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Engineer Michael Fuller shows off the 3D printed heat exchanger he has developed for Formula One teams. Photo: Wayne TaylorWhat Michael Fuller pulls from his briefcase looks like a small piece of plumbing – like something that catches hairballs – but it may well represent a levelling of the playing field in manufacturing.
“Because it costs the same to make here as it does in China,” he says.
Fuller’s gizmo is a heat exchanger – a device that is found in fridges, air-conditioners, power stations and, in this case, cars – and a product of 3D printing. Its internal geometry is so complex it can’t be made any other way. It’s half the weight of similar devices, significantly more efficient – and already has Silicon Valley venture capitalists keen to know more. Why?
Because the heat exchanger industry will be reportedly worth $20 billion within the next five years. So there’s that. Kerching.
For Fuller, 39, an engineer, the heat exchanger is merely “a conduit … to the bigger vision” of taking 3D printing out of the laboratory and into production. “There is this advanced manufacturing utopia we talk about, where we transition from a high labour quotient to a more productive one,” he says.
3D printing, or metal additive manufacturing, will be part of utopia, albeit as a cottage industry. “As we move to producing, say, 2000 of these a year, the price point drops to where the product is competitive.”
Fairfax Media spoke to Fuller on the eve of him leaving for Britain , to talk to former colleagues in the Formula One racing industry. His plan is to have a team bolt his heat exchanger into a high-performance car, create a bit of PR dazzle and move on from there.
The move is no less audacious than how Fuller became an engineer in the first place. He was 12 years old, racing go-karts, and telling everyone who asked that he wanted to build racing cars when he grew up. At that time the Australian Grand Prix was run in Adelaide and the family made an annual pilgrimage to see the race.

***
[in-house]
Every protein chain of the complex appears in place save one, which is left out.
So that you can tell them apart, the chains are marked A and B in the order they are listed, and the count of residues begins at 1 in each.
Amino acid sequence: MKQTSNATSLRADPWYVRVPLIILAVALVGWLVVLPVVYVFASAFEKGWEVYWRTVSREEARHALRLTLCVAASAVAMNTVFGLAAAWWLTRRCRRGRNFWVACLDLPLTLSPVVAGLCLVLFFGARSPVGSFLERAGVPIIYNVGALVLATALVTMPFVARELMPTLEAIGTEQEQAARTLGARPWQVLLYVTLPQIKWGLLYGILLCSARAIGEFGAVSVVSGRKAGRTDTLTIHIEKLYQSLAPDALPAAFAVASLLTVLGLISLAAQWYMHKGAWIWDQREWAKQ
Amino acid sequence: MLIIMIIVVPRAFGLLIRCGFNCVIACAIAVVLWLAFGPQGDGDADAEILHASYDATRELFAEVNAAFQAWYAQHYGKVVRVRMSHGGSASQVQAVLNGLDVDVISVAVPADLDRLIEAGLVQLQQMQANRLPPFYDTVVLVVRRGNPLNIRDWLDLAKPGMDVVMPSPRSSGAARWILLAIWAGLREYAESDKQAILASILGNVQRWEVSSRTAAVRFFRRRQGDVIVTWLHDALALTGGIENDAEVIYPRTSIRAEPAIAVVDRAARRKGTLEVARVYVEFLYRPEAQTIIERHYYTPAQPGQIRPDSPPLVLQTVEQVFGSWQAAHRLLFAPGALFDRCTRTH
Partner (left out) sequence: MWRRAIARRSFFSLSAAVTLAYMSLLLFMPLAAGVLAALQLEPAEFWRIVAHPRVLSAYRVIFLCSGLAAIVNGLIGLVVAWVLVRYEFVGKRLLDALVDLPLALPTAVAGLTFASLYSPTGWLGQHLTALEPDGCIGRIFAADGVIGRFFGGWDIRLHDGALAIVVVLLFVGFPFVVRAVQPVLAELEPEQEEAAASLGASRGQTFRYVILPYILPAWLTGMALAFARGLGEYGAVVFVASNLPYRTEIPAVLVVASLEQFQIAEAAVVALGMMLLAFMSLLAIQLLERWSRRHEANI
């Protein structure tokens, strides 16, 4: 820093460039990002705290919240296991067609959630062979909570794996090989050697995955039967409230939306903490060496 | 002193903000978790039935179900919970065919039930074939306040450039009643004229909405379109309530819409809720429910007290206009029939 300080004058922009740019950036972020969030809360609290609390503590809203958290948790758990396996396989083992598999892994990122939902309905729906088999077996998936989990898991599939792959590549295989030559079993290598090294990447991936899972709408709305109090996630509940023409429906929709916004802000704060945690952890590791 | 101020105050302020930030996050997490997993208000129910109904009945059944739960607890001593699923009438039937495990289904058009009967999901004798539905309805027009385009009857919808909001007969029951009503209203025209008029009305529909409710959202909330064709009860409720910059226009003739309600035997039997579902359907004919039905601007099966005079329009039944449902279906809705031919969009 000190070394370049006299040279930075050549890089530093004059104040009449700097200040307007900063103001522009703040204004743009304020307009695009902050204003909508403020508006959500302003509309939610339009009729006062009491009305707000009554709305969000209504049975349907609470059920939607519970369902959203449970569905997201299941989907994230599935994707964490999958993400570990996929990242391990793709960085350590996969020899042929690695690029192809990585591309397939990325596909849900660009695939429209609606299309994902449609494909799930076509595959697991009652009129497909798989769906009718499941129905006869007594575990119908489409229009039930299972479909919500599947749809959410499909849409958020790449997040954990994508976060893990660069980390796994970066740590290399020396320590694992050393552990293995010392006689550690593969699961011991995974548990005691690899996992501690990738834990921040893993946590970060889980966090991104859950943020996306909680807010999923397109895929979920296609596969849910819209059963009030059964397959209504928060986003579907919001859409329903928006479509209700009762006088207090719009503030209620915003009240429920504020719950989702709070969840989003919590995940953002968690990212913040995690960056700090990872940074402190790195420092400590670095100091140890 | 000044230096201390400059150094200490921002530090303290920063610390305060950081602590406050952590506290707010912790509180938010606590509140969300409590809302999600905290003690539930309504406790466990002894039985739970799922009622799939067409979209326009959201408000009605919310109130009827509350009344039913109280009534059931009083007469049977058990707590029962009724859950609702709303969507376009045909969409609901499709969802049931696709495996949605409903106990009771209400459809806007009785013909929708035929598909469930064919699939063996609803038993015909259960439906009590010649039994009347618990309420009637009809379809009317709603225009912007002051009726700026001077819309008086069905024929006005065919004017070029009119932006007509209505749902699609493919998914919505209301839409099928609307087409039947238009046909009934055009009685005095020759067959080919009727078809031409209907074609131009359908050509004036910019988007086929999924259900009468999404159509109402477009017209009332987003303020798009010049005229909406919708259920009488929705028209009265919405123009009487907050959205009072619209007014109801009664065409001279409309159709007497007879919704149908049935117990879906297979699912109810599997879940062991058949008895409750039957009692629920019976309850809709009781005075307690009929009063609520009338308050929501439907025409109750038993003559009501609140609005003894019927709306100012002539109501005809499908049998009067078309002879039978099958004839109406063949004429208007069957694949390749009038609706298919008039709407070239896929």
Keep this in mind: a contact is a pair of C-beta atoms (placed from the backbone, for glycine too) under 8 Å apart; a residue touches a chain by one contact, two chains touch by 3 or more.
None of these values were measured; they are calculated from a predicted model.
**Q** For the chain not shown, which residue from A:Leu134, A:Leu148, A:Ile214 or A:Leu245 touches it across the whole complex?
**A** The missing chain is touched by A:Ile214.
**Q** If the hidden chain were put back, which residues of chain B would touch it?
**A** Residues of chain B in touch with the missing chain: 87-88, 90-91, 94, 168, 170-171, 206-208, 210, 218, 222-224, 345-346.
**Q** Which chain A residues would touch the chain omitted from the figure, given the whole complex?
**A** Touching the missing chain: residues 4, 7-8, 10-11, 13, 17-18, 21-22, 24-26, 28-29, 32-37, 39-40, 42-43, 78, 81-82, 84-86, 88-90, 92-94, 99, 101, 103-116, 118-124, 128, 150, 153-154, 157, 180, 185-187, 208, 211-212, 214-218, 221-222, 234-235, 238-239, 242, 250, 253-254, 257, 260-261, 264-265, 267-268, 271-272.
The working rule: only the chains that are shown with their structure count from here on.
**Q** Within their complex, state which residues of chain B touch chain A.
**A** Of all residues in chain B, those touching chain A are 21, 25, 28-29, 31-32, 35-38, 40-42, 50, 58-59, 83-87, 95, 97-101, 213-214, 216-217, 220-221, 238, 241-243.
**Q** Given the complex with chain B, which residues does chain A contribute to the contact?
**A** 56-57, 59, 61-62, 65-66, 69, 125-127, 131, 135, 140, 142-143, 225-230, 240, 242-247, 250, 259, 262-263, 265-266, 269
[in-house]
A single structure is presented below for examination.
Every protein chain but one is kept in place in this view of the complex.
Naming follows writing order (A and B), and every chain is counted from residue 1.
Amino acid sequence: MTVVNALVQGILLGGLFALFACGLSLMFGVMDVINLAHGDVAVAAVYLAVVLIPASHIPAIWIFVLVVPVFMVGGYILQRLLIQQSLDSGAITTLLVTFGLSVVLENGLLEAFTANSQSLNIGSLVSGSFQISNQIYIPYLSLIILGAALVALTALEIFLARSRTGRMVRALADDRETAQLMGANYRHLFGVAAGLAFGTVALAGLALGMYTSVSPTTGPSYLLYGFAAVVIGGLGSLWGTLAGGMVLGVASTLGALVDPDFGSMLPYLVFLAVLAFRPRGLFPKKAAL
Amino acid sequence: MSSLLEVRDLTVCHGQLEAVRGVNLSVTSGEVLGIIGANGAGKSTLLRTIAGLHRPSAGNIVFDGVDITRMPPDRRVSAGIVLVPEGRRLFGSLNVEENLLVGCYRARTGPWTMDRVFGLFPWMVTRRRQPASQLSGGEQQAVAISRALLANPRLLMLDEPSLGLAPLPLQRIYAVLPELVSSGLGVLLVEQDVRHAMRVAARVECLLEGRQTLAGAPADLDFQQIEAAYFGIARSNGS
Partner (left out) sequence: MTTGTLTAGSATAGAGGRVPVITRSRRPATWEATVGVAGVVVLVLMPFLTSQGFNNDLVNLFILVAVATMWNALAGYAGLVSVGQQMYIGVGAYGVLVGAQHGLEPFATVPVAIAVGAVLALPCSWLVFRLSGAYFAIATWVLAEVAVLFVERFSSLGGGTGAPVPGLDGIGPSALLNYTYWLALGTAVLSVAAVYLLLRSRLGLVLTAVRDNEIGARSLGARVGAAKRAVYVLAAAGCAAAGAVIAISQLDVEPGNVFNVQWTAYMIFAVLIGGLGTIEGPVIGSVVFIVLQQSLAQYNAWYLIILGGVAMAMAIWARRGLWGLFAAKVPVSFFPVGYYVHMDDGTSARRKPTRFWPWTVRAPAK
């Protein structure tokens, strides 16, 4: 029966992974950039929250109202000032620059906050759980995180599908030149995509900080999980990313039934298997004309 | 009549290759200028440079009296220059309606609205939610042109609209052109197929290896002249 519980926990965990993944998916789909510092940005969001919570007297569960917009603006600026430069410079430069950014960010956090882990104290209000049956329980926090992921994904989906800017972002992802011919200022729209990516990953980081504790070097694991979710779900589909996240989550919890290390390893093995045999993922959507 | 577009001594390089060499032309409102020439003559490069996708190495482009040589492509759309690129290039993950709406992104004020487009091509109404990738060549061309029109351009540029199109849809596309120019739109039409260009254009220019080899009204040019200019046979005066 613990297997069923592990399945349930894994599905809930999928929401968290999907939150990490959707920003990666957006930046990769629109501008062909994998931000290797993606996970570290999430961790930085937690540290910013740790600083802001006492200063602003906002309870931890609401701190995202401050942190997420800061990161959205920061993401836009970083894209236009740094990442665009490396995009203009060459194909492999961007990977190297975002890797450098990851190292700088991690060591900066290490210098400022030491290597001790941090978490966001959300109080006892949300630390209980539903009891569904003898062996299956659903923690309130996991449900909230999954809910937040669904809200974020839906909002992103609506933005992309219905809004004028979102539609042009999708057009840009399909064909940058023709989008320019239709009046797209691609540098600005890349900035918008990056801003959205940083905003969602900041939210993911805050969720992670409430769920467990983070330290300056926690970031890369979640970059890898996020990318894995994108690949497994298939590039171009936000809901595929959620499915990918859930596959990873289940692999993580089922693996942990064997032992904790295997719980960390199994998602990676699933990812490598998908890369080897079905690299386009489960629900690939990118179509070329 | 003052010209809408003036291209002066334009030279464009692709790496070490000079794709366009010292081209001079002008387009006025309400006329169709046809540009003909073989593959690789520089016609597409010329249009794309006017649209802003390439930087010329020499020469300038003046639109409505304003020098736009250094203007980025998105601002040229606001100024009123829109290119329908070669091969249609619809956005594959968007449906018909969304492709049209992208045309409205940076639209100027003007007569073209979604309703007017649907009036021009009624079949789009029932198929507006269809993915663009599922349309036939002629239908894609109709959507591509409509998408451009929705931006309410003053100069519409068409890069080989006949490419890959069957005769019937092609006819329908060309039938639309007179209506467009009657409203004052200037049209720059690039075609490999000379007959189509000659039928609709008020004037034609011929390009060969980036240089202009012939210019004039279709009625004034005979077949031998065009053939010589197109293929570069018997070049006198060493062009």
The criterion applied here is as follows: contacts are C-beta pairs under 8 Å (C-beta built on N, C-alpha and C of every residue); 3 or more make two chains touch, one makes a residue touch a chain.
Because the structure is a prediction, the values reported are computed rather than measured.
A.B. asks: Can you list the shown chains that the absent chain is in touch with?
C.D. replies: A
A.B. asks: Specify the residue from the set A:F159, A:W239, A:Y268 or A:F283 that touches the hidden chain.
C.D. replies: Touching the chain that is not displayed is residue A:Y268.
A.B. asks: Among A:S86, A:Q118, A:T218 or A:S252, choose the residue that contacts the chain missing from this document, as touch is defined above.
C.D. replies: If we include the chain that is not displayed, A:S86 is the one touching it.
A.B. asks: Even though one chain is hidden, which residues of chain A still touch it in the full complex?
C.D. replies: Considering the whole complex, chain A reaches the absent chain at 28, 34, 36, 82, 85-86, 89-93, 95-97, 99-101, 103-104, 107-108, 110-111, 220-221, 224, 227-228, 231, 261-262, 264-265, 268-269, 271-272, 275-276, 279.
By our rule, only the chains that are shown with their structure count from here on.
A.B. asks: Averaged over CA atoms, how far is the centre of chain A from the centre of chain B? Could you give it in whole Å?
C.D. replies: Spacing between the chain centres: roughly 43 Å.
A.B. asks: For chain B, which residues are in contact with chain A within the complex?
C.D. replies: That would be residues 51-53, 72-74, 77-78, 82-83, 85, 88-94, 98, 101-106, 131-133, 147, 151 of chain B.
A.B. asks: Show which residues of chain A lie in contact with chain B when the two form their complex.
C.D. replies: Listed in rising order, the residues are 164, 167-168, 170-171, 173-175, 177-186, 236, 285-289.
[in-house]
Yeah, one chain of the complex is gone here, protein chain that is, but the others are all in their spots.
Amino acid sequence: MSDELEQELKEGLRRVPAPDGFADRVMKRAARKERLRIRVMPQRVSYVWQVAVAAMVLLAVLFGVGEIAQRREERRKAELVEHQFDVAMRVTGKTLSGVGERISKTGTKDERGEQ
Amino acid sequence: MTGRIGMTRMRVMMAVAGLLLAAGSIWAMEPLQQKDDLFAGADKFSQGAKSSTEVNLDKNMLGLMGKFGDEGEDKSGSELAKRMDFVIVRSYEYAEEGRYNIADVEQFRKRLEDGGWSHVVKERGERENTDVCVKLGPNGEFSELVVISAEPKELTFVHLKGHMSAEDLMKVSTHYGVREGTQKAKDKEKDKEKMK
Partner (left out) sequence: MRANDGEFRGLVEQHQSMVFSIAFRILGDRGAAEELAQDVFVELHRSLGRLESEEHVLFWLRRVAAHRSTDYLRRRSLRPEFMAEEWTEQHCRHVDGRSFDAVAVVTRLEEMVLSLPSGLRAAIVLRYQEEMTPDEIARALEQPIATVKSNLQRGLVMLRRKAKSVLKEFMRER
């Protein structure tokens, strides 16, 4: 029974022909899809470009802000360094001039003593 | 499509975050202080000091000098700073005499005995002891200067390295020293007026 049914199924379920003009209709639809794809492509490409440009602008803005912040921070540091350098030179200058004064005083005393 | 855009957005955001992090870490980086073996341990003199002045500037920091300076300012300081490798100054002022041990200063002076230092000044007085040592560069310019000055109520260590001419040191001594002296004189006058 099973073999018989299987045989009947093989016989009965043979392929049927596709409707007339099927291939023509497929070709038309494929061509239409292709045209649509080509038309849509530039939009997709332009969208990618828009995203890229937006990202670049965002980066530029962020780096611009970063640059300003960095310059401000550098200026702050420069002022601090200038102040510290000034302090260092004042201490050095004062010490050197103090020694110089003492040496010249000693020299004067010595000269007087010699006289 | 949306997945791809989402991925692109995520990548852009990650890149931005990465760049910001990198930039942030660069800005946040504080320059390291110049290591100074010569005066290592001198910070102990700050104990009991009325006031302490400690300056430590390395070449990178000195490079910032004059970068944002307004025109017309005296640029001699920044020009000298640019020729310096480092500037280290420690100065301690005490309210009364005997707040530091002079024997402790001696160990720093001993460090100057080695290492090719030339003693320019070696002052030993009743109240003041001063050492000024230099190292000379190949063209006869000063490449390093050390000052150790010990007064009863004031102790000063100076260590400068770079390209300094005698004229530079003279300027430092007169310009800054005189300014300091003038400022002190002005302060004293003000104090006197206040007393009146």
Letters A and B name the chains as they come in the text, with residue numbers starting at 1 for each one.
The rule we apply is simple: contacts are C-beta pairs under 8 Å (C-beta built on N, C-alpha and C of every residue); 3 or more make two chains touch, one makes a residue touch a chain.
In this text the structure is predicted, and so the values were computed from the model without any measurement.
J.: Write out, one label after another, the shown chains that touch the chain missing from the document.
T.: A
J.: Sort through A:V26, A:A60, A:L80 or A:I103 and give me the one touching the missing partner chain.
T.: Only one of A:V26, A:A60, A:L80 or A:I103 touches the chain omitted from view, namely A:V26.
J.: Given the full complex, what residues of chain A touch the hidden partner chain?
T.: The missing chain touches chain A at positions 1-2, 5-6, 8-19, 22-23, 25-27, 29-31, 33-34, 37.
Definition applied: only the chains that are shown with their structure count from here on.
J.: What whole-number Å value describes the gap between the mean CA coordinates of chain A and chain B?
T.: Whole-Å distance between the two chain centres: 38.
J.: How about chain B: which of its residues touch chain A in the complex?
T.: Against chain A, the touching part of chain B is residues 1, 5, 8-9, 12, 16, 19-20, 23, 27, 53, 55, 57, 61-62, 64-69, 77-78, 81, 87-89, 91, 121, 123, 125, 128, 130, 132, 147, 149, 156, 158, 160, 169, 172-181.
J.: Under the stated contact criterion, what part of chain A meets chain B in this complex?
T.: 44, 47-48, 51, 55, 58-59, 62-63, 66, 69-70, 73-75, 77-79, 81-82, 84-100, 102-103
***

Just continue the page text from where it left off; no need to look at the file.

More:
“I was a mad fan,” he says.
There were no doubt many young boys being condescended to as they voiced their racing dreams. But Fuller’s father, who was always working on car engines in the home garage – “one of my early memories is him dropping a gearbox on my hand” – took young Michael seriously. He said it was time to write letters to Formula One teams and ask their advice.
“So I write, ‘I’m 13 years old living in Australia. How can I work for you?’ Some of the teams wrote back,” he says. “One in particular laid it out: this is what you need to do.”
He needed to become a mechanic or an engineer and then volunteer to help out with race teams. Fuller found he was “too cerebral” to be a mechanic, and did a mechanical engineering degree. He then spent a year on the hyper-masculine V8 touring circuit. “It was character building,” he says. “There was an anti-engineering bias. They’d call them boffins.”
At the end of that year, 2000, literally on the day of the season’s last race, Fuller flew to Britain to break into European motorsport. At the end of his first week he was juggling three job offers. By 2008, he was working for BMW’s Formula One team in Switzerland, when word came that his father had brain cancer. Fuller returned to Melbourne, spent a terrible 14 months watching his father die, lost his brother soon after in a motorbike accident – and lost too his passion for Formula One.
He turned his focus into starting up Conflux Technology, and last year began work on his heat exchanger. Word of the project has been relatively quiet. But an interview with a technology website was spotted by Marc Andreessen, the US nerd who who coded the first web browser and co-founded Netscape.
Within 12 hours of Andreessen tweeting the link to the story, Fuller was approached by venture capital companies who have invited him to talk at a Silicon Valley conference in October.
Fuller wants to change the world. Already, the boffins – the new world’s true leaders – are wondering if maybe he’s already done it.